Israel’s High Court in the past caused a festering coalition crisis when it killed an IDF draft bill it said was not recruiting enough Haredi young men each year. As a result, Israel was thrown into three consecutive election campaigns within a year, a costly outcome that still hasn’t yielded a reliable draft law. Now the same court on Tuesday killed a law that sought to mend claims by Arabs in Judea and Samaria on Jewish land that was purchased in good faith. As is the case in similar civil court claims on the “good side” of the 1949 armistice green line, the Regulation Act compelled Arab claimants to accept market-value compensation for land where Jews have settled with government sanctioning, preventing the destruction of Jewish owned homes by court decrees.
The High Court didn’t like that, and with an 8 to 1 vote declared the law unconstitutional, which is a funny ruling in a state that doesn’t have a constitution (the country’s 13 Basic Laws have been enacted by simple majorities and may be amended or revoked by a 61-vote majority).
Supreme Court President Esther Hayut wrote the decision in her characteristically autistic style: “The Regulation Act seeks to legalize illegal acts after the fact, while violating the rights of another population.”
Or, in reality, the court prefers that a home in a Jewish settlement where as little as 10% of the land is contested be demolished, its residents lose their life’s investment, and the Arab claimant never be able to recoup, because they can’t use their land in the middle of a Jewish settlement – over an arrangement that gives the claimant market value and the home owners stay put.
Justice Noam Solberg wrote the minority opinion and warned: “I am afraid that repealing the law will not be beneficial to the settlers, nor to the landowners.”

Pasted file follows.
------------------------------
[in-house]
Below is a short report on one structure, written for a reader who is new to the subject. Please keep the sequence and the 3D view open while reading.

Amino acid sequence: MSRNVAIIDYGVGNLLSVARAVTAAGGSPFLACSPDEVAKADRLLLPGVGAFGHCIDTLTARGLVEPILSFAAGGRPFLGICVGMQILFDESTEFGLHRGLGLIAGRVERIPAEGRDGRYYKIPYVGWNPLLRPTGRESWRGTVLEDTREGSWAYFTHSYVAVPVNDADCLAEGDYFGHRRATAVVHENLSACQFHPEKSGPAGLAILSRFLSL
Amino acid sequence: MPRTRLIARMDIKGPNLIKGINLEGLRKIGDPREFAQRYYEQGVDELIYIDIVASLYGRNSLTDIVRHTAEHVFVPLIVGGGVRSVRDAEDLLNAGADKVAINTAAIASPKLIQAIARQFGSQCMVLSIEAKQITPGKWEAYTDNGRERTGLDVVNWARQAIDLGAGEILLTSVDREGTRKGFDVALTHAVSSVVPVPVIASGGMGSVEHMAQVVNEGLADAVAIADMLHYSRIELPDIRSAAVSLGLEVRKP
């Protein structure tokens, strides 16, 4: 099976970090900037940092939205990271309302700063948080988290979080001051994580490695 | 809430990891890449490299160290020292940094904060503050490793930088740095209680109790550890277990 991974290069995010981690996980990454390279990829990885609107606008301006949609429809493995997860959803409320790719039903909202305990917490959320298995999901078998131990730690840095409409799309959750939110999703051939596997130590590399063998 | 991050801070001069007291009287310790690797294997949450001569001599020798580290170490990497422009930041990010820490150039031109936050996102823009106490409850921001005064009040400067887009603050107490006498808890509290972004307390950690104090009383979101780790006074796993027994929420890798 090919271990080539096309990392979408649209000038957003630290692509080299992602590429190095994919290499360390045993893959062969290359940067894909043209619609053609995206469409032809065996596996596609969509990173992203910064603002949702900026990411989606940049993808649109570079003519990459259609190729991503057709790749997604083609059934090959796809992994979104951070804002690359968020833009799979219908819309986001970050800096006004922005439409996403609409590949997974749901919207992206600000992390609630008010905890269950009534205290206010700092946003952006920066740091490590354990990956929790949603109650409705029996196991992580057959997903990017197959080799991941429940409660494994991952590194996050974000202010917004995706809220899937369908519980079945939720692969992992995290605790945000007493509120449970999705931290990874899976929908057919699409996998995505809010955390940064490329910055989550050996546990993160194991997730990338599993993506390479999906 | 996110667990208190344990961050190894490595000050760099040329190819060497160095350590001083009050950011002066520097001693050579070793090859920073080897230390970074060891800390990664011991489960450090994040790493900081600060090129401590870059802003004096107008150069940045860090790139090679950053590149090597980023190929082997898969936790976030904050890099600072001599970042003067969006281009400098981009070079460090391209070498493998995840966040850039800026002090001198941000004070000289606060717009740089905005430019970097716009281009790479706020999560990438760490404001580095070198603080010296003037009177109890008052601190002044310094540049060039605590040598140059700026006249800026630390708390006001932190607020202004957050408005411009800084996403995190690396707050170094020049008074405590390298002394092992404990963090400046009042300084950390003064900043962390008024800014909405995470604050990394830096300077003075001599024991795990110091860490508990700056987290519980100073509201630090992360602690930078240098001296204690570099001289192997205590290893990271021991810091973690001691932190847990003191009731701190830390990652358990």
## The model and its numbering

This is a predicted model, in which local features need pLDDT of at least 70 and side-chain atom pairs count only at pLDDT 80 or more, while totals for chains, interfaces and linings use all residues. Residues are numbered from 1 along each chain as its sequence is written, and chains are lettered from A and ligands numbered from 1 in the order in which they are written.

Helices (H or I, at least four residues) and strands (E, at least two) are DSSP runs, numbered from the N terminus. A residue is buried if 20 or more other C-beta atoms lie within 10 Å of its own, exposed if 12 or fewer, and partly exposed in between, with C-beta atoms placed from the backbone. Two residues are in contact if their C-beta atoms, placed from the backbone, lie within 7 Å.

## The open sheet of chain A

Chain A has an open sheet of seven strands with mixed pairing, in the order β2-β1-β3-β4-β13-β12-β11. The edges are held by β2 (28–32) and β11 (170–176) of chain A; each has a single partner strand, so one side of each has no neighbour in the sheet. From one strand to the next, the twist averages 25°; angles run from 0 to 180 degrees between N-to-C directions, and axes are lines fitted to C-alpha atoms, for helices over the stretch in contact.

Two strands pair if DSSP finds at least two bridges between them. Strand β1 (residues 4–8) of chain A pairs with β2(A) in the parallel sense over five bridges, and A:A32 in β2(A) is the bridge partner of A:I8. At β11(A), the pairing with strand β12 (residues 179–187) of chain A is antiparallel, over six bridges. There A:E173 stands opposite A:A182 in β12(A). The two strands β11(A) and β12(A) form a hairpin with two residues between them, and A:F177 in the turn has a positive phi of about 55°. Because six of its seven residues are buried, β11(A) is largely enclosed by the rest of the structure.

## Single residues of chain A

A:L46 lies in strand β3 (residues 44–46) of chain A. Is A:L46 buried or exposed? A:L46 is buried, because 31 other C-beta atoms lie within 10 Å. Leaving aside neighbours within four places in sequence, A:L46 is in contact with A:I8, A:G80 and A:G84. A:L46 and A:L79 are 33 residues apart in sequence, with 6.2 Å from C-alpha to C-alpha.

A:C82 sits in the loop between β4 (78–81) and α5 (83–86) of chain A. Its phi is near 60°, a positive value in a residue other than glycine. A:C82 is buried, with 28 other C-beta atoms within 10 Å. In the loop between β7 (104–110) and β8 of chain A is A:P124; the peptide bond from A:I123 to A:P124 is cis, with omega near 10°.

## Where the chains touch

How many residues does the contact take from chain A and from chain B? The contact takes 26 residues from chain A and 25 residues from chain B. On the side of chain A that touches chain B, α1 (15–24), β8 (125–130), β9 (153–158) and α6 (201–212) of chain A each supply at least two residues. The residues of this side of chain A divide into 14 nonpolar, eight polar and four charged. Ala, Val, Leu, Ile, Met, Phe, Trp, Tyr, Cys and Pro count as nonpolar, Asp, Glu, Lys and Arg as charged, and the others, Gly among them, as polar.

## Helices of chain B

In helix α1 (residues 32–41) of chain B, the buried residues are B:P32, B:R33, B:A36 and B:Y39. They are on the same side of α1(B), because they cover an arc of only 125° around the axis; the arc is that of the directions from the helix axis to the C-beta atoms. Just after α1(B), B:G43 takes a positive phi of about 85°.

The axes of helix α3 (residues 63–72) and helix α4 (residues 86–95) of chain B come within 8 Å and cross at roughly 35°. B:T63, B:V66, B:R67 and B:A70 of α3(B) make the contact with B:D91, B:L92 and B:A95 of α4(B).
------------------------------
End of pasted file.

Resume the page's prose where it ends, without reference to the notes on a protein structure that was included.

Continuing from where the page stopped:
He added: “The lands and structures that the legislature sought to regulate, sadly most of them, will therefore remain in their desolation and stagnation – until Elijah comes.” And, naturally, “in some cases the law will lead to evacuation and demolition, whose benefits are questionable.”
It’s outrageous, in this context, that the same court which haggles with the state over which particular floor in the home of a murderous terrorist be demolished, has no problem whatsoever to condemn thousands of Jewish owned homes to destruction.
When rightwing politicians, in their moments of rage, call for D9 bulldozers to topple the Supreme Court building – these are the moments that evoke this rage in them.
A source close to Prime Minister Benjamin Netanyahu said Tuesday that “applying sovereignty will solve most of the regulation problem.” In other words, since the entire area would be part of Israel, these Arab claims would be the domain of Israeli civil courts and those would naturally apply normal civil laws which prescribe monetary compensation to the claimants, rather than the wanton destruction ordered by the Supremes.
Health Minister Yuli Ederlstein (Likud) said in response to the ruling that “the High Court has lost it.”
But alternate Prime Minister and DM Benny Gantz said: “The law caused serious problems even in its legislative process, and it shold not have been passed in the first place.”
But the right is hell-bent on rewriting the Regulation Act in response to the Court’s hatchet job, because killing the law just placed an estimated 3,455 Jewish homes in the sniper’s crosshairs and the settlement enterprise is likely to be thrown back into the quagmire of maddening litigation with the leftist dogs of war – armies of NGO attorneys paid for by European countries and a bunch of Church groups. And we though the nightmare was over in 2017…
And so, given the clear dichotomy between Likud and Blue&White over the need to fix the Regulation act and pass it again in its new format, this could spell the end of the government coalition.
Except that Blue&White has an existential need to maintain the coalition government, because the polls say in a new election it is likely to go down to single digits – much like the old Labor party it helped destroy. Which means that a resolution will be found to the emerging coalition crisis: Blue&White will abstain when the time comes to vote on the fixed law, and their votes will hopefully be supplemented by two opposition rightwing parties, Israel Beiteinu and Yamina. Assuming even Avigdor Liberman, Israel Beiteinu’s chief decider, knows how important this law is to the future of Jewish life in Judea and Samaria.